Portrait Tutorial – Kitchen Portraits – Part 3

In this part I will demonstrate the typical mistakes done in portrait photography using natural light. The end of part of the article contains successful shots for reference.

You probably want to first read the previous parts of this portrait tutorial:

  • part 1 (rules of portrait photography, setup, post processing and examples)
  • part 2 (auto focus, don’t be afraid to shoot in high ISO, colors are important)

I have used exactly same location, my kitchen, and same model, my wife in this part as well. This time, thanks to a good reader feedback, I took intentionally bad photos to illustrate the typical mistakes. Instead of totally doing things wrong, I decided to make minor mistakes to make it more realistic. So fasten your seat belts, there are some horrible photos coming up!!

Wide Angle Rarely Suits Close Up Portraits

Even though Panasonic 20 mm F/1.7 is my favorite lens, it rarely suits taking portraits at very range. Even a slight wide angle as this lens (equivalent of 40 mm on a full frame) distorts the perspective enough to make it noticeable, especially if shot really close to the subject. It makes those body parts which are closest to the lens larger than life, usually emphasizing the size of the nose. While those body parts which are further away, look smaller than for real e.g. ears look small. You maybe obtain better results taking a few steps back and cropping the result, but I rarely ever crop photos in post process (99 % of my photos are not cropped). Now in this tutorial I have also broken this rule and you can see some photos cropped to 1×1 ratio.

OLYMPUS DIGITAL CAMERA
Panasonic 20 mm F/1.8, 1/60 s, ISO 800

It Really Matters Where You Place Your Subject

I intentionally placed my subject in the wrong location under the fluorescent lights so that the shadows and light fall unpleasantly on her face. Even worse position would have left her eyes completely in shadow/too dark.

Just mere 2-5 cm makes a huge difference, so experiment and try what is the best setting for you!

OLYMPUS DIGITAL CAMERA
Olympus 75 mm F/2.0, 1/160 s, ISO 1600

Getting Exposure Right Matters for Image Quality

Even though it is possible to adjust exposure a lot in post process, especially if you shoot in raw, getting the exposure right matters a lot for post process. Here I got the exposure wrong by almost a full stop. Adjusting the exposure back and while the original was shot ISO 2500, meant a serious loss of image quality as can be seen below. The colors look flatter, the skin lacks detail despite DxO Optics Pro PRIME could remove the noise remarkably well. Normally such adjustment, increasing exposure value, and shooting high ISO using a small sensor camera like my Olympus OM-D E-M5 would have resulted a very grainy image in the shadows.

OLYMPUS DIGITAL CAMERA
Olympus 75 mm F/2.0, 1/200 s, ISO 2500

Adjust the White Balance when Shooting under Artificial Light

All the shots were taken under a single fluorescent light in the ceiling. No additional lights, nor flash or reflectors were used and it was pretty dark outside. Now first I will show how the colors look straight out of the camera’s auto white focus and then using manual white balance. If you have trouble setting the white balance try using 2850 color temperate as your basis as this is the most typical white balance value for modern lights.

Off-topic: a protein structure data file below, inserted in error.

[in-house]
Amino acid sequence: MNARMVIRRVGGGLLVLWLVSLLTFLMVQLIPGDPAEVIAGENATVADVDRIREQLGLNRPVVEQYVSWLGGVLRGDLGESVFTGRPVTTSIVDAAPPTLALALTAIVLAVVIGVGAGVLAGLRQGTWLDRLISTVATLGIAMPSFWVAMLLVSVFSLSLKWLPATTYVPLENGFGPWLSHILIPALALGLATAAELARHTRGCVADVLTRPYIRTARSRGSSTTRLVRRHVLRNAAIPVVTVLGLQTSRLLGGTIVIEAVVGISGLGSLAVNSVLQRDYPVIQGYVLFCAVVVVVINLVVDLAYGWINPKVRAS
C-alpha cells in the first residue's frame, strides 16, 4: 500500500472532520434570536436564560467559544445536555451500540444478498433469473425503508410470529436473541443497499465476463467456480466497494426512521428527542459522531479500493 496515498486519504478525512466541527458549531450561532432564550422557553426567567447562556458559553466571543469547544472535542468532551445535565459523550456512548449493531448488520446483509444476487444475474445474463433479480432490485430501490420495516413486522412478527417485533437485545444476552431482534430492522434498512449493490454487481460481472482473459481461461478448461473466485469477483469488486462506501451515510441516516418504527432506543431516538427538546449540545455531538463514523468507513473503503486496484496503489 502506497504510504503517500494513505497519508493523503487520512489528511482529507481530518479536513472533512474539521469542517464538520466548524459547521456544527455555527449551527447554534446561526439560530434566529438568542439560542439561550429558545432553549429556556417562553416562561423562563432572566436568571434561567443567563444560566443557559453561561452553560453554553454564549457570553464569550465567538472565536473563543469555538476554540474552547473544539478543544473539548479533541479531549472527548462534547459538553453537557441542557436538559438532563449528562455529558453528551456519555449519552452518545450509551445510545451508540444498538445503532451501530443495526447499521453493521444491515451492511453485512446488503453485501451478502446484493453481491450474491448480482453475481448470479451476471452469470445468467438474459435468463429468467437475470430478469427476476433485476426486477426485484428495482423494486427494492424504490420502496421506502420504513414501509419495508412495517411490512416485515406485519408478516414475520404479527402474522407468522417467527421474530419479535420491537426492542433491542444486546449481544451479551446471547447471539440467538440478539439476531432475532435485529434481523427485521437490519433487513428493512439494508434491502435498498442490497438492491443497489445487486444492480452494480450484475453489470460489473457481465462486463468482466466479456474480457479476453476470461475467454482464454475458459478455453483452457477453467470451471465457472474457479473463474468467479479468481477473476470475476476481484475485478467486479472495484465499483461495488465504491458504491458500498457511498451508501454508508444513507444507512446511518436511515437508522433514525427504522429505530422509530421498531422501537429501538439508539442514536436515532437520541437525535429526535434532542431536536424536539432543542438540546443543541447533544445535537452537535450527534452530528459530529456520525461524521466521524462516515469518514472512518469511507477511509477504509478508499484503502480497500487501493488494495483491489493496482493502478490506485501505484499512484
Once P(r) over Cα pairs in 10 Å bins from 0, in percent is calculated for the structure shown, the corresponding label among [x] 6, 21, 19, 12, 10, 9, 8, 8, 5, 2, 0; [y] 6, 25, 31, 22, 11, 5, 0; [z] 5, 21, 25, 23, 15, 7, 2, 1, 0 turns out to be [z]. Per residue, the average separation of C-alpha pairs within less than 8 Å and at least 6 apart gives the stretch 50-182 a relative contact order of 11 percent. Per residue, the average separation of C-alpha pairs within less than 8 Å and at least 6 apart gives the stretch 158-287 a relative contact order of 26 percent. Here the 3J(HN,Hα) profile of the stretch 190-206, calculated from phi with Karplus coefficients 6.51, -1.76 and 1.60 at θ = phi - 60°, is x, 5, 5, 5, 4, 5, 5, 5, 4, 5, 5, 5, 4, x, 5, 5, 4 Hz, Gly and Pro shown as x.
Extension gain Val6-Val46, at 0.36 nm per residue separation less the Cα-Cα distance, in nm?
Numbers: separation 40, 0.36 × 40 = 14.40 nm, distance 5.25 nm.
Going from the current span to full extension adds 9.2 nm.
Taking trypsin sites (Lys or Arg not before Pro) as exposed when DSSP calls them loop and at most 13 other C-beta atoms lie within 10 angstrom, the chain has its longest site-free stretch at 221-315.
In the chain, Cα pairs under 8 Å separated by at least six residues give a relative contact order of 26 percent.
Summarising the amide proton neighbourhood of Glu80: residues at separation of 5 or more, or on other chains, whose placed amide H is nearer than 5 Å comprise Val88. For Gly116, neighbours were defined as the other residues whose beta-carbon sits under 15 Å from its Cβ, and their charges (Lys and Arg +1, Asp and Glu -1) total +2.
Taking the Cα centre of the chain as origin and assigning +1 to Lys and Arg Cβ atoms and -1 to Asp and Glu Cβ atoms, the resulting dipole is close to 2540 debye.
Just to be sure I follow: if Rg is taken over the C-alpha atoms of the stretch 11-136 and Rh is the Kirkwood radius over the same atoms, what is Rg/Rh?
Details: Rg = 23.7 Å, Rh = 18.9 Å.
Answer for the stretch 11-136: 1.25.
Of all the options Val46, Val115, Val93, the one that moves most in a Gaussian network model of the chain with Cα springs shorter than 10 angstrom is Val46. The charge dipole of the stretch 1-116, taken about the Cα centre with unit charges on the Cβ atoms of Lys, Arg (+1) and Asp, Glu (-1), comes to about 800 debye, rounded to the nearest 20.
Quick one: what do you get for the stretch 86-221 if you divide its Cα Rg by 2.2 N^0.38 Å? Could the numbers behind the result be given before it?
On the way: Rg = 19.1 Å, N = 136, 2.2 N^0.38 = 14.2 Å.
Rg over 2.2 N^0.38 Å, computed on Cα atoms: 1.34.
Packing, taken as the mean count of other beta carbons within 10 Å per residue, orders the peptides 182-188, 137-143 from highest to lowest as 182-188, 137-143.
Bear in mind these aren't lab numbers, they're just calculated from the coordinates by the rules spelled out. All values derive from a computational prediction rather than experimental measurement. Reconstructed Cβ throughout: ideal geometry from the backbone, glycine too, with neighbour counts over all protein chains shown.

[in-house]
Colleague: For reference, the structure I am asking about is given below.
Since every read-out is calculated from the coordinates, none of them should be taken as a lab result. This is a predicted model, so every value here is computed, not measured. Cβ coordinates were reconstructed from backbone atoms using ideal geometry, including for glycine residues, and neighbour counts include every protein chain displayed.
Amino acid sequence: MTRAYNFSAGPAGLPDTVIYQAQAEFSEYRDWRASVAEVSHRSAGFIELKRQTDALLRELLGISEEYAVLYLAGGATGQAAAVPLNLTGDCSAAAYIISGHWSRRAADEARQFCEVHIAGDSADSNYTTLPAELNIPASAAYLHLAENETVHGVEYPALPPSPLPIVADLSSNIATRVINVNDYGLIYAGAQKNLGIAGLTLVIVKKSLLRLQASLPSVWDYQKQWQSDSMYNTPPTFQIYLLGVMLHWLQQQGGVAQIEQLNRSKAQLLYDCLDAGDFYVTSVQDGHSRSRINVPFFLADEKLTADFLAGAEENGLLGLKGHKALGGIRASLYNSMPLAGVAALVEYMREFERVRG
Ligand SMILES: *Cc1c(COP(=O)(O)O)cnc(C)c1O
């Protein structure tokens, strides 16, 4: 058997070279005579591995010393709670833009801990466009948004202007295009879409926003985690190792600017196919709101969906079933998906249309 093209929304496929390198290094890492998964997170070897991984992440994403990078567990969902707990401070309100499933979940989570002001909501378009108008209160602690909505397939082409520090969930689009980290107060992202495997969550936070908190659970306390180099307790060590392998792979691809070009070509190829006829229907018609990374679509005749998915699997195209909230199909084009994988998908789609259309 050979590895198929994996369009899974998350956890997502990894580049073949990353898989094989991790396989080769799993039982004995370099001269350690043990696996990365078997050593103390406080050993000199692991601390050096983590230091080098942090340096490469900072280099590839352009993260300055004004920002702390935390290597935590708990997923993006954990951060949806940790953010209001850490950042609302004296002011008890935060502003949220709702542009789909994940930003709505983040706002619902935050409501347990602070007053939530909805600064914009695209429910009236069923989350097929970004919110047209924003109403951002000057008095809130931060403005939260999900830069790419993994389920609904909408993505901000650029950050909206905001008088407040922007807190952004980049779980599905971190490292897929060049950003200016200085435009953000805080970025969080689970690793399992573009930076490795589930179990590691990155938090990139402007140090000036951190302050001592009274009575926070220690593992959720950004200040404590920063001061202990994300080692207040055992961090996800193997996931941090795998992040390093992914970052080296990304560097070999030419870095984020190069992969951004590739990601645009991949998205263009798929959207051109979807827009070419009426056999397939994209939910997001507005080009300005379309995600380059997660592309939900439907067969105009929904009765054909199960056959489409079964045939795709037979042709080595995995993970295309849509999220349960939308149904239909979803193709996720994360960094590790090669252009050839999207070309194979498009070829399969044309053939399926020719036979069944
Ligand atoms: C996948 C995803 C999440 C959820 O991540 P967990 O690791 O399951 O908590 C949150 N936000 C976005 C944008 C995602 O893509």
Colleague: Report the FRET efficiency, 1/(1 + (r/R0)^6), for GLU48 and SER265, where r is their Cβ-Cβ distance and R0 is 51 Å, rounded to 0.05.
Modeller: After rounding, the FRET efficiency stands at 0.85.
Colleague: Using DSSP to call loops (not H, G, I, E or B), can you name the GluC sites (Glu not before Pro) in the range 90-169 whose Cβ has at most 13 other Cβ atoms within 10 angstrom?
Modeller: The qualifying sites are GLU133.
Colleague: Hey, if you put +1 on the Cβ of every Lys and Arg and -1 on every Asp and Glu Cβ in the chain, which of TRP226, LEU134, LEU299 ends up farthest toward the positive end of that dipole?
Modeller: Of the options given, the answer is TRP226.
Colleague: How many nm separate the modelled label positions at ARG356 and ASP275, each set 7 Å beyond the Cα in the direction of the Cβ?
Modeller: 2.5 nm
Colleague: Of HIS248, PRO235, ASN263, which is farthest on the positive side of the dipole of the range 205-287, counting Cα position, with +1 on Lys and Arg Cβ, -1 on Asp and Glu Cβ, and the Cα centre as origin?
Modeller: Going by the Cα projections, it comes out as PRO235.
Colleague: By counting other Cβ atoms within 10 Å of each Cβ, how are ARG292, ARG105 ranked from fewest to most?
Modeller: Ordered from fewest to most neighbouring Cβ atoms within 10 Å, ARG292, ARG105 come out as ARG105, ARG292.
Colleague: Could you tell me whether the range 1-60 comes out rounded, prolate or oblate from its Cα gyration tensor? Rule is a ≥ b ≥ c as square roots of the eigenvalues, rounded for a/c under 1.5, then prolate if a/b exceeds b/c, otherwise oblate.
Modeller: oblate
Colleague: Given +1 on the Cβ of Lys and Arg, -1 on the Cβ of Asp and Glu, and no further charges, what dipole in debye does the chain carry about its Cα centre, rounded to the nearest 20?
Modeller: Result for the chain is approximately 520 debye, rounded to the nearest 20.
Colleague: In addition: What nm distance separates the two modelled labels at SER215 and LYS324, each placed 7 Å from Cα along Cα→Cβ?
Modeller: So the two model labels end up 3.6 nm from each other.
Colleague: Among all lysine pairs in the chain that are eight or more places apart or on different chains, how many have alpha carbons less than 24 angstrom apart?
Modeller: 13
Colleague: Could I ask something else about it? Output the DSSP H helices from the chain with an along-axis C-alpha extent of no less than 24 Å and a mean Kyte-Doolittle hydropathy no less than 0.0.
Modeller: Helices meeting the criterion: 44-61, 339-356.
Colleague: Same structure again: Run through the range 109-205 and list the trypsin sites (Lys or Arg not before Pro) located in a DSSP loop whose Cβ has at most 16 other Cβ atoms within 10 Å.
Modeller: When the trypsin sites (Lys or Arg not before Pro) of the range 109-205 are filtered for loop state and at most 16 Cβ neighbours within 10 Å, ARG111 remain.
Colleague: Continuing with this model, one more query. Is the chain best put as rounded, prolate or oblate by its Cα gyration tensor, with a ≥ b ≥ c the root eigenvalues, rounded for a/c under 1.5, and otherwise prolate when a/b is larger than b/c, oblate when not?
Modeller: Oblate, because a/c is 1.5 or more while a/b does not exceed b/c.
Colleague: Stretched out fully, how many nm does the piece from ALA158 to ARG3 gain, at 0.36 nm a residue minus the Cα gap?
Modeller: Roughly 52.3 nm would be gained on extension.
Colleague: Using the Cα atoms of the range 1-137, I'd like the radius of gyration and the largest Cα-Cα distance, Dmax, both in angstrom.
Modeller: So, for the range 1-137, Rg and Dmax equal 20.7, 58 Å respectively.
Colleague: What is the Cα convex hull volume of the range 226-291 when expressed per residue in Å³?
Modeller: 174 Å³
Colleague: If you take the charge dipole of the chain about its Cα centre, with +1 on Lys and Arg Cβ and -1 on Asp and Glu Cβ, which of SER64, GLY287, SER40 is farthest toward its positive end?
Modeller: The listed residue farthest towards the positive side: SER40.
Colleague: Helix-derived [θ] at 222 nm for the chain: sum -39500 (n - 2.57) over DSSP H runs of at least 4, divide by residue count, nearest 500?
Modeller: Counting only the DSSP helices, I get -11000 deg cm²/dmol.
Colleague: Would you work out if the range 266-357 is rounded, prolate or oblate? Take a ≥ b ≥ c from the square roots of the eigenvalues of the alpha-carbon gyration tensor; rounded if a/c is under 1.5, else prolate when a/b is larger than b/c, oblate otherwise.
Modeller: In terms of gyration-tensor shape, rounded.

OLYMPUS DIGITAL CAMERA
Olympus 75 mm, F/2.0, 1/160 s, ISO 2000, original colors
OLYMPUS DIGITAL CAMERA
Olympus 75 mm, F/2.0, 1/160 s, ISO 2000, manual white balance

Creative Angles Require Talent

The general rule of portrait photography is to shoot from the level of the eyes and focus on the eye closest to the camera. Now let’s break these rules. The following two shots are intentionally shot at low angle, which is excellent way to peek inside the nostrils and count the nose hair and an upper angle, which is a good way to illustrate the potential male type baldness (my model doesn’t have it). I didn’t use too aggressive angles to underline my point.

OLYMPUS DIGITAL CAMERA
Shot about 30 cm from below the eye level
OLYMPUS DIGITAL CAMERA
Shot about 30 cm from above the eye level

Too Cropped because of too Small Room! Or Don’t Show the Mess!

My house is old and my kitchen is quite small, so we ran out of space. I have used an old wooden door as the backdrop of every photo above. Now you can see too much of the door. And if I would use a wider angle lens and reveal more, you would see the mess in the kitchen.

OLYMPUS DIGITAL CAMERA
Olympus 75 mm F/2.0, 1/100 s, ISO 1600
OLYMPUS DIGITAL CAMERA
Olympus 75 mm F/2.0, 1/160 s, ISO 4000

Better Photos

I really apologize my dear wife to make her look so ugly in these photos. So let’s now watch some better photos taken exactly same day and just few minutes between the bad shots.

OLYMPUS DIGITAL CAMERA
Olympus 75 mm F/1.8, 1/160 s, ISO 3200, custom film emulation
OLYMPUS DIGITAL CAMERA
Olympus 75 mm F/1.8, 1/160 s, ISO 3200, custom black & white film emulation
OLYMPUS DIGITAL CAMERA
Olympus 75 mm F/1.8, 1/100 s, ISO 1000, custom B&W film emulation
OLYMPUS DIGITAL CAMERA
Olympus 75 mm F/1.8, 1/100 s, ISO 1000, custom film emulation
OLYMPUS DIGITAL CAMERA
Olympus 75 mm F/1.8, 1/100 s, ISO 1000, custom black & white film emulation
OLYMPUS DIGITAL CAMERA
Olympus 75 mm F/1.8, 1/200 s, ISO 3200, custom colors
OLYMPUS DIGITAL CAMERA
Olympus 75 mm F/1.8, 1/160 s, ISO 1600
OLYMPUS DIGITAL CAMERA
Olympus 75 mm F/1.8, 1/160 s, ISO 1600
OLYMPUS DIGITAL CAMERA
Olympus 75 mm F/1.8, 1/160 s, ISO 1600
OLYMPUS DIGITAL CAMERA
Olympus 75 mm F/1.8, 1/160 s, ISO 1600, custom black & white film emulation

Please tell me what you think.

Stay tuned for part 4, which will discuss the troubles shooting small kids at similar setting.

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